Guaranteed money in NFL deals isn’t quite as simple as it sounds. Signing bonuses are fully guaranteed upon signing. But oftentimes the “guarantee” for base salaries only means that money is protected against skill—not injury.

If a player lands on injured reserve, gets cut after passing a physical, or has guarantee protections expire, then guaranteed base salaries can void. Teams do not have to pay out guaranteed money after the player is released, regardless of injury status.

Portions of guaranteed money can also be “offset” by a player’s salary from joining a new team. NFL teams fight to recoup guaranteed money wherever possible when injured players don’t finish out contracts.

Can Players Sue Teams for Injuries?

With rare exceptions, NFL players cannot sue teams over injury liabilities due to the collective bargaining agreement and waiver policies. However, players do have a few other legal options:

– File workers’ comp claims – This is the standard avenue for injury compensation from playing NFL football.

– Claim teams withheld medical information – Players could sue only if teams concealed known medical risks during signings.

– Sue the NFL for benefits – Seeking disability plan payouts or benefits not properly paid.

– Sue helmet manufacturers – Some players have claimed defective helmets contributed to concussions.

Overall, teams are well insulated from injury-related lawsuits due to the NFL CBA structure. The liability for football injuries falls heavily upon the players themselves.

How Do Injuries Affect the Salary Cap?

In addition to direct player salary and insurance costs, injuries also hit NFL teams’ salary caps. Each team has a yearly salary cap based on league revenue. Cap space shrinks when injured players:

– Take up cap room without playing – Their full salary still applies to the cap.

– Require signing expensive injury replacements – Added costs hit the cap.

– Get cut and create “dead cap” – Unamortized signing bonuses accelerate onto the current cap year.

– Have contract guarantees that vest – Guaranteed money immediately impacts the cap.

– Go on IR and need replacements – IR players’ salaries remain, replacements also cost cap room.

Although insurance can help, cap hits from injuries are unavoidable. Front offices continuously juggle cap space based on injured players. It prevents spending elsewhere.

How Can Teams Plan for Injury Impacts?

NFL teams have gotten more strategic in how they structure contracts and build rosters to plan for inevitable injuries:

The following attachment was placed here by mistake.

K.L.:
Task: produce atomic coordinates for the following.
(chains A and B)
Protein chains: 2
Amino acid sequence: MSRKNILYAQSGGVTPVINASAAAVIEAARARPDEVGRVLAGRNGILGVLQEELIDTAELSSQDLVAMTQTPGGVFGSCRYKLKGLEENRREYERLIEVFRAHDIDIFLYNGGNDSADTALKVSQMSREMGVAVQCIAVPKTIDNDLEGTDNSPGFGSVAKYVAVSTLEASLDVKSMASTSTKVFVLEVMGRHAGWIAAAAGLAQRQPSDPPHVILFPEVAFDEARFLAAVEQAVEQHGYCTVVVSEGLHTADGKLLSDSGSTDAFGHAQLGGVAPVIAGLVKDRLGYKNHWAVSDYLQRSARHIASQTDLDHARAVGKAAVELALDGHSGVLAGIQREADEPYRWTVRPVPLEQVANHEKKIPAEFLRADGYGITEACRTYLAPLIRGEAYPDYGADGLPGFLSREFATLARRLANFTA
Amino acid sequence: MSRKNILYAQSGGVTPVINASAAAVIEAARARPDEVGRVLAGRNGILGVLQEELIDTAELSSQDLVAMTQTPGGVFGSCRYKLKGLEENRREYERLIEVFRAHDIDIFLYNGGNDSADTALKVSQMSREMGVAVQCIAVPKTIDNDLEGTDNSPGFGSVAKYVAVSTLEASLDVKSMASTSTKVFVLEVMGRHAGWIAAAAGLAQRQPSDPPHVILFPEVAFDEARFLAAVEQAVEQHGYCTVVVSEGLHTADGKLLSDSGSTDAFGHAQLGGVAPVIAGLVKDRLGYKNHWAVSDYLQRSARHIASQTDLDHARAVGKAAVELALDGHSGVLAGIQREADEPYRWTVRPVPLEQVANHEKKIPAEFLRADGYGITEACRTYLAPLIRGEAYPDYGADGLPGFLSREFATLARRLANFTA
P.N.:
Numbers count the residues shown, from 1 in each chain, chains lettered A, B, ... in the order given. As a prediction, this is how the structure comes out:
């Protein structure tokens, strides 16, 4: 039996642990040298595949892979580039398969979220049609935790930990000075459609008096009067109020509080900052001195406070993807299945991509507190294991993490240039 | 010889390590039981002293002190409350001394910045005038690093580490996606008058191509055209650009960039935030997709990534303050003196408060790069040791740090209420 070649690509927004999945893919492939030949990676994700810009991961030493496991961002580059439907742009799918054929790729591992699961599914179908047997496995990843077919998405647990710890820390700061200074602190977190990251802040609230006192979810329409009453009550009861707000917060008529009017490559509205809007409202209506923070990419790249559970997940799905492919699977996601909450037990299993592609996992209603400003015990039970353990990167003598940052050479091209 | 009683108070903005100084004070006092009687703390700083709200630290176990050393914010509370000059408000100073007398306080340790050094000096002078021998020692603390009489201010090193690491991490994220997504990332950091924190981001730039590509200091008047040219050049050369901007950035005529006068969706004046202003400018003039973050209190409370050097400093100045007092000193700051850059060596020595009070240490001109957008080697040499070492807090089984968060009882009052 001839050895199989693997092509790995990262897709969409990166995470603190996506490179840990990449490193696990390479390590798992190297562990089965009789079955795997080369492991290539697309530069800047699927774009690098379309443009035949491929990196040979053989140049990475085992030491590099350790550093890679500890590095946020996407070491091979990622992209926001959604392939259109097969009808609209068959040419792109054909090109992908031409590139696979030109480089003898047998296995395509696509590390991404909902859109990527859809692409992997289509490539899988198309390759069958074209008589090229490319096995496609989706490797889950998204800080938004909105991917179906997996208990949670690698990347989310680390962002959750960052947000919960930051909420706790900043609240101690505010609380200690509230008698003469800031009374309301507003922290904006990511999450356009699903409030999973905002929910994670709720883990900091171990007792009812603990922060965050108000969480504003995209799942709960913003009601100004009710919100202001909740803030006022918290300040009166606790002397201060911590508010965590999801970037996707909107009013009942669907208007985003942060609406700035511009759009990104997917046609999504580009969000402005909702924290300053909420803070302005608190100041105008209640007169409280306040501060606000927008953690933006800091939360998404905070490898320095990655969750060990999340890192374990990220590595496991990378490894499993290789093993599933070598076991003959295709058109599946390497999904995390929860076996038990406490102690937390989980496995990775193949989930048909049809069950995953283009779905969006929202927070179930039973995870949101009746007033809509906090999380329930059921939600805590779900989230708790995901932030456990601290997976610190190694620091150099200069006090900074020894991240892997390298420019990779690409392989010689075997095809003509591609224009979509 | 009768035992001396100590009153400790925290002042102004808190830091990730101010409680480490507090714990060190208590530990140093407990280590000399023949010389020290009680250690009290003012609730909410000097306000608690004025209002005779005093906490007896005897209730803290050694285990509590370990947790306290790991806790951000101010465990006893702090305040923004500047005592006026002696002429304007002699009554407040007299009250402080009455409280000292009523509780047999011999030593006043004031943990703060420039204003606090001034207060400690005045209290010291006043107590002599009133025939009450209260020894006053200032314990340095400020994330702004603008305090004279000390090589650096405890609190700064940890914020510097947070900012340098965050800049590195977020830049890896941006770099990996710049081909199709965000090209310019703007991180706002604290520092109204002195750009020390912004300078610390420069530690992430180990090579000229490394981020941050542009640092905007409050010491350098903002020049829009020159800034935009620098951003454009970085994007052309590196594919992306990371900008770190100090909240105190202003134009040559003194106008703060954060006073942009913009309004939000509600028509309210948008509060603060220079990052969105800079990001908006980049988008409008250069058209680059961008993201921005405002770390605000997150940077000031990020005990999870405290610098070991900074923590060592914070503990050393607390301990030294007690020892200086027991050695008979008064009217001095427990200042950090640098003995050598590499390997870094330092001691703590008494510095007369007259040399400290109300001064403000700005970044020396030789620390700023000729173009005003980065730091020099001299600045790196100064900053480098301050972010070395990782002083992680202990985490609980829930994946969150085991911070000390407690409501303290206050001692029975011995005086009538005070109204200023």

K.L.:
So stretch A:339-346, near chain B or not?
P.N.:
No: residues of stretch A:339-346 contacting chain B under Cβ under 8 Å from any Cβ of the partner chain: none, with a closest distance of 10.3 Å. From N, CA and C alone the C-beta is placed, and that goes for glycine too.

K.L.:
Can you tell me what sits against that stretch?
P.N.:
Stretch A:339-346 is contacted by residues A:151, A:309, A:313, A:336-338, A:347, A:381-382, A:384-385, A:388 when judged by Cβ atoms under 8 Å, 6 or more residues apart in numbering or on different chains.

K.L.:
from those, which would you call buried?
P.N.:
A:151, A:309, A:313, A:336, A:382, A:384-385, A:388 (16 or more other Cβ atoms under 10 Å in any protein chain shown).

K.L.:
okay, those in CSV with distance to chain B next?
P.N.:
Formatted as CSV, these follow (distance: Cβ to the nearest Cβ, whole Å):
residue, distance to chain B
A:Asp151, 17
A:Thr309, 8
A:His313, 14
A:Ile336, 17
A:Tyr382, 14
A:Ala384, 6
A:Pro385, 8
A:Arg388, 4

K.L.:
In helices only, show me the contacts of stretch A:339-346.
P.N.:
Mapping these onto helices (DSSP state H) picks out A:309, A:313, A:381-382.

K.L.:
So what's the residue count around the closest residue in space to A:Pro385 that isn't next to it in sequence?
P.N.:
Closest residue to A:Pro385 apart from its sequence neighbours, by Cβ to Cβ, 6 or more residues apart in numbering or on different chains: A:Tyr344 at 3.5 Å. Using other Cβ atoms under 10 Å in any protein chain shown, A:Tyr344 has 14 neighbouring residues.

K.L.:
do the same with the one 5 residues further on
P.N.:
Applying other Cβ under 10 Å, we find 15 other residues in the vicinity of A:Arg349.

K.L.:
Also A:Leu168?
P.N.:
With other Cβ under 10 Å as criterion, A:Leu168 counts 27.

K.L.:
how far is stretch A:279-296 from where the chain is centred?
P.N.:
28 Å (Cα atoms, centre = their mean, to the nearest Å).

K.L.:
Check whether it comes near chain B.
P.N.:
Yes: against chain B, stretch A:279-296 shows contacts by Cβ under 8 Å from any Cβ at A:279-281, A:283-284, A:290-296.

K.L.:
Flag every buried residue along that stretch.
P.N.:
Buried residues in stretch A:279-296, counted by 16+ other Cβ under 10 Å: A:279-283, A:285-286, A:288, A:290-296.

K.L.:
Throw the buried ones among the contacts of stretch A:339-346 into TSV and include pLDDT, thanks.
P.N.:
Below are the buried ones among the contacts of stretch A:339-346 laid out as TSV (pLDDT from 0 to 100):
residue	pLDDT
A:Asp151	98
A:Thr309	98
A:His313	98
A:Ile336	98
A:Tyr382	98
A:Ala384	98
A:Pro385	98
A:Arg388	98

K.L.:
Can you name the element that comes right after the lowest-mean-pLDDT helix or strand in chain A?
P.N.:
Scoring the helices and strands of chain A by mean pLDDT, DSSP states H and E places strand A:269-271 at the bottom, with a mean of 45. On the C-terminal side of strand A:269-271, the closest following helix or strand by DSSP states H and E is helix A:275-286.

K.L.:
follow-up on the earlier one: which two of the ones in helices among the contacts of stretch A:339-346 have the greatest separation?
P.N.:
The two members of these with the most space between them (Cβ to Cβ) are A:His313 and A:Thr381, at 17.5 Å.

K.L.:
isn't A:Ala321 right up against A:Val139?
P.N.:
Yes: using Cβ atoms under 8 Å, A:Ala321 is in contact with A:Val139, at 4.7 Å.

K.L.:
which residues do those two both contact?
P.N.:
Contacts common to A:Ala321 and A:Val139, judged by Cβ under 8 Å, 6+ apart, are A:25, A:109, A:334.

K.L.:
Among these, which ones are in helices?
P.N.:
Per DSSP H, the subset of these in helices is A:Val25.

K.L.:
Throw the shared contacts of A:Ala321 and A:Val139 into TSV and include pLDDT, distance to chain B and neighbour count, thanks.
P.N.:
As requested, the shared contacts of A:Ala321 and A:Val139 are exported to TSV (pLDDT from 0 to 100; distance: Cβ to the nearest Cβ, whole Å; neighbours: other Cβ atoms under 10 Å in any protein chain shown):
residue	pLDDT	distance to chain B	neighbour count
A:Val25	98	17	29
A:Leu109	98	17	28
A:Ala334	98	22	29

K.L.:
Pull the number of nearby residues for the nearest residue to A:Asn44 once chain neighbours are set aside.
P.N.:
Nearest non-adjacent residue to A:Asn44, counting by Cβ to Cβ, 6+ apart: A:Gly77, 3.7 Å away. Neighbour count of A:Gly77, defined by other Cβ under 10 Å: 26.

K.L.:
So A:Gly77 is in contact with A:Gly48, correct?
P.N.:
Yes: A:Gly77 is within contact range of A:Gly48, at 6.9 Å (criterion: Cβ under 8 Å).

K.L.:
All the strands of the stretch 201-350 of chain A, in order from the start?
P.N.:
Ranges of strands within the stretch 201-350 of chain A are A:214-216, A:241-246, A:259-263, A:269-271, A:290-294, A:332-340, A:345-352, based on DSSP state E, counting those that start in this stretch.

– Only extend proven veterans – Avoid fully guaranteeing contracts for unestablished players.

– Insist on injury waivers – Require prospects to sign waivers accepting liability for any preexisting conditions.

– Write incentive-laden deals – Base pay triggers on being active for games played and milestones achieved.

– Include roster bonuses – Compensation dependent on remaining on the active roster each week.

– Add “ream-friendly” options – Options to cut players without guaranteed salary lingering on books.

– Insure high-dollar deals – Gain partial cap relief via insurance policies on key contracts.

– Stock backup/replacement talent – Prepare to plug holes and maintain depth despite injuries.

– Maintain rollover cap room – Keep space by not overspending, helps absorb surprise injury costs.

Takeaways on Injured NFL Players

While NFL player contracts contain various injury protections, teams ultimately hold financial leverage when players get hurt:

– Compensation is limited for non-stars – Low-end players lack guarantees and leverage.

– Partial salaries continue, but not full value – Injuries greatly reduce a player’s typical compensation.

– Guarantees often only prevent skill cuts, not injury cuts – Fully guaranteed NBA or MLB deals are rare in NFL.

– Teams control activation from injury lists – Players can’t return at will if teams prefer they didn’t.

– Contract insurance limits total liability – Premiums and deductibles apply.

– Salary cap hits remain, affecting roster freedom – Dead cap money lingers after cuts.

– Short careers make players disposable – Churning roster spots is an accepted part of the NFL.

While fair provisions for NFL health care do exist, teams operate with business interests first when managing injured players on both ethical and financial grounds. It’s a delicate balancing act for the league.


In the end, injured NFL players continue earning some portion of their contracted salaries based on a variety of factors such as guarantees, bonuses, exclusions, settlement options, and disability benefits. Teams do carry financial obligations for players hurt in games and practices.

However, the compensation for an injured player is rarely the full amount they would earn while active. Complex rules exist that allow teams to minimize costs related to injured superstars. NFL teams have tools to avoid serving as an unlimited insurance backstop on player health.

The bottom line is that injuries take a financial toll on both the teams and players involved. While financial assistance is available through the CBA, navigating NFL contracts and injuries continues to be a challenge on all sides. The system falls well short of fully “making whole” injured athletes in all cases. Progress still needs to be made to better protect player interests. But improvements to collectively-bargained NFL policies also impact what teams are competitively and financially able to provide. It remains an ongoing dilemma for the league and players union.